Economic Effects of the Suffrage Movement during the Industrial revolution

The movement for women’s suffrage greatly influenced the economy, labor force, and home life in the late nineteenth century. The movement contributed to a change in how society saw and regarded women. It also helped to increase the opportunities available to women in society. The movement’s greatest success was the adoption of the nineteenth Adjustment, which granted women the freedom to elect leaders. Later decades of women found it simpler to advocate for their rights due to this action, which helped shift the power distribution in society. The Women’s Rights Movement increased the number of industrial roles for women in society. With more academic options at their disposal, more and more women are discovering their aptitude for successful professional careers. However, not as much as men’s, women’s salaries increased as well. Despite this, it was nevertheless a significant advancement for women because of how different it was from the past.

Social Effects of the Suffrage Movement during the Industrial revolution

The Women’s Suffrage Movement significantly altered how women were perceived and treated in the community. It also helped to increase the opportunities available to women in public. The campaign’s greatest success was adopting the 19th Amendment, which granted women the right to vote. Later generations of women found it simpler to battle for their rights due to this action, which helped shift the distribution of power in society. The Suffrage Movement for Women greatly impacted the economy, labor force, and home life in the 19th century. Because of the fight for suffrage, women today have high ambitions. Women could attend college and seek jobs in the early 20th century, albeit in different numbers than men. They began working in traditionally male-dominated fields, including business, law, and medicine. Women also founded various organizational setups. Thanks to the Women’s Suffrage movement, women were enabled to secure their place in society and take a step toward complete equality among Americans.

The first everlasting suffrage bill in American history, Wyoming’s territory assembly gave women the vote in 1869, setting off a firestorm of opposition to granting them the ability to vote. Several states had introduced voting by the 1890s. By 1913, there were 12 states, and Alice Paul, the frontrunner of the National Woman’s Party, decided to use the number of votes of the women in those nations to pass a suffrage motion in Congress. Women had to endorse the nation’s participation in World War I; this gave the suffragists their ultimate firepower.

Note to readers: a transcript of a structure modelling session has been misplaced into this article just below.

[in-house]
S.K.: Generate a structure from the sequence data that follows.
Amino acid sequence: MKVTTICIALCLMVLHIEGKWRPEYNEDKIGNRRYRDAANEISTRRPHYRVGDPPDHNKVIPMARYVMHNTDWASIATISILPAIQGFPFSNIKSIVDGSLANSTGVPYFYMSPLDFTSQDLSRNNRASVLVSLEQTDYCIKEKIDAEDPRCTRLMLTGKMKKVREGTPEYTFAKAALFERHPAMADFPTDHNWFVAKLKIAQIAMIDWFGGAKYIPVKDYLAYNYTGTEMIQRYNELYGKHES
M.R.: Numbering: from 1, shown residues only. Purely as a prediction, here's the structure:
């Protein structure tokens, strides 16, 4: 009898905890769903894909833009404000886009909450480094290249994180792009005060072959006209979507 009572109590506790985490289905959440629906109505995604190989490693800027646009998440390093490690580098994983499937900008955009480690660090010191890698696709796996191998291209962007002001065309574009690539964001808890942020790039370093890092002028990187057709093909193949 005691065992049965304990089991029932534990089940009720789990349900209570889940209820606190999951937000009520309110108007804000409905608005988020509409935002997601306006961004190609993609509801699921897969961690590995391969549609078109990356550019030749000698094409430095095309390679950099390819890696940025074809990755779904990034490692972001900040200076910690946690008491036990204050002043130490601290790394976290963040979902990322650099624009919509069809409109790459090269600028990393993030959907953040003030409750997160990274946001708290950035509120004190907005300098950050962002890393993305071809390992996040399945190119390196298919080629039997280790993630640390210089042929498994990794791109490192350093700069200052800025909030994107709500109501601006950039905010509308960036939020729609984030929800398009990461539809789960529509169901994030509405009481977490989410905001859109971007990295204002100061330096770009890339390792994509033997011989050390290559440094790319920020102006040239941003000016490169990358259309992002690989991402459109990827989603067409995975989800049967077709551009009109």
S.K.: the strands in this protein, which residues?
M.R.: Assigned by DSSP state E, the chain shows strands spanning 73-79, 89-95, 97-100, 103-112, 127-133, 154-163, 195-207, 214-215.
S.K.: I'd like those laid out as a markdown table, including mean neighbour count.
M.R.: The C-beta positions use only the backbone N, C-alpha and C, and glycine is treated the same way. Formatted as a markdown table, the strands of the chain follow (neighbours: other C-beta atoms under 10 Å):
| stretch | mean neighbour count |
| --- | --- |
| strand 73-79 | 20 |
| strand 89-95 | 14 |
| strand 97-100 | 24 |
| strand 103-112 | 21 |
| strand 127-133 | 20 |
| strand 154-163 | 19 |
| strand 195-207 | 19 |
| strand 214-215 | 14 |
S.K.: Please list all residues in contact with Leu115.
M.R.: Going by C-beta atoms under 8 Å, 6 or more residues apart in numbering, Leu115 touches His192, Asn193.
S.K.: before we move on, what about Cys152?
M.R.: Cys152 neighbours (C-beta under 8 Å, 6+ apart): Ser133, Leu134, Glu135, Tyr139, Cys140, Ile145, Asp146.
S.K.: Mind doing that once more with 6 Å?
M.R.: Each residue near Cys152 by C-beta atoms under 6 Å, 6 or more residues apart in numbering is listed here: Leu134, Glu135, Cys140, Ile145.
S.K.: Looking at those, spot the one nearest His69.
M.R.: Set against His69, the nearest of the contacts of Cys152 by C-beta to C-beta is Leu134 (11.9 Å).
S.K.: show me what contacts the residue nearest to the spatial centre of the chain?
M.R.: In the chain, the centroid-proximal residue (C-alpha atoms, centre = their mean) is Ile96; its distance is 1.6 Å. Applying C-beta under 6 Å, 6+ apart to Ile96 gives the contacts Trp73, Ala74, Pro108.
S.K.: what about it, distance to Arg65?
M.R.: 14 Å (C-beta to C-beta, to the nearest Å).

Political Effects of the Suffrage Movement during the Industrial revolution

A woman suffrage resolution was put up in the House of Congress when the United States joined the war in 1917. Both chambers had approved it of Congress by 1919, and the required 36 states quickly approved it. When the 19th Amendment, often known as the Susan B. Anthony Constitutional provision, was conceded into rule in August 1920, American women lastly received fairness (Johnson, 2022). The right of US citizens to the secret ballot must not be deprived of or restricted by the United States or any other State based on gender, according to the Nineteenth Edition of the U.S. Charter (Johnson, 2022). By passing the necessary laws, Parliament can implement this manuscript.


In summary, women’s survival was significantly compressed by the Industrial Uprising. They witnessed a substantial change in their place in public, and many began working to assist their relatives. Once during work, they came across prejudice and discriminating handling. The earliest feminist movements developed as a result and demanded equality, predominantly regarding females voting rights. The feminist ideology is still active today as women battle for rights such as childbearing dispensation and equitable pay. It was a significant social and economic transformation during the Industrial Revolution. New class distinctions and emerging technology both emerged during this time. The greater presence of women in the profession was one of the biggest shifts.

The economy, labor force, and home life in the 19th century were all significantly impacted by this development. In the late nineteenth century, the Suffrage Movement for Women greatly impacted the economy, labor force, and family obligations. The movement contributed to a change in how society saw and treated women. It also aided in giving women in the public arena greater opportunities. The 19th Amendment, which gave women the privilege to vote, was the revolution’s most important outcome. The power structures in society were influenced by this transition, which also made it easier for later generations of women to strive for equality.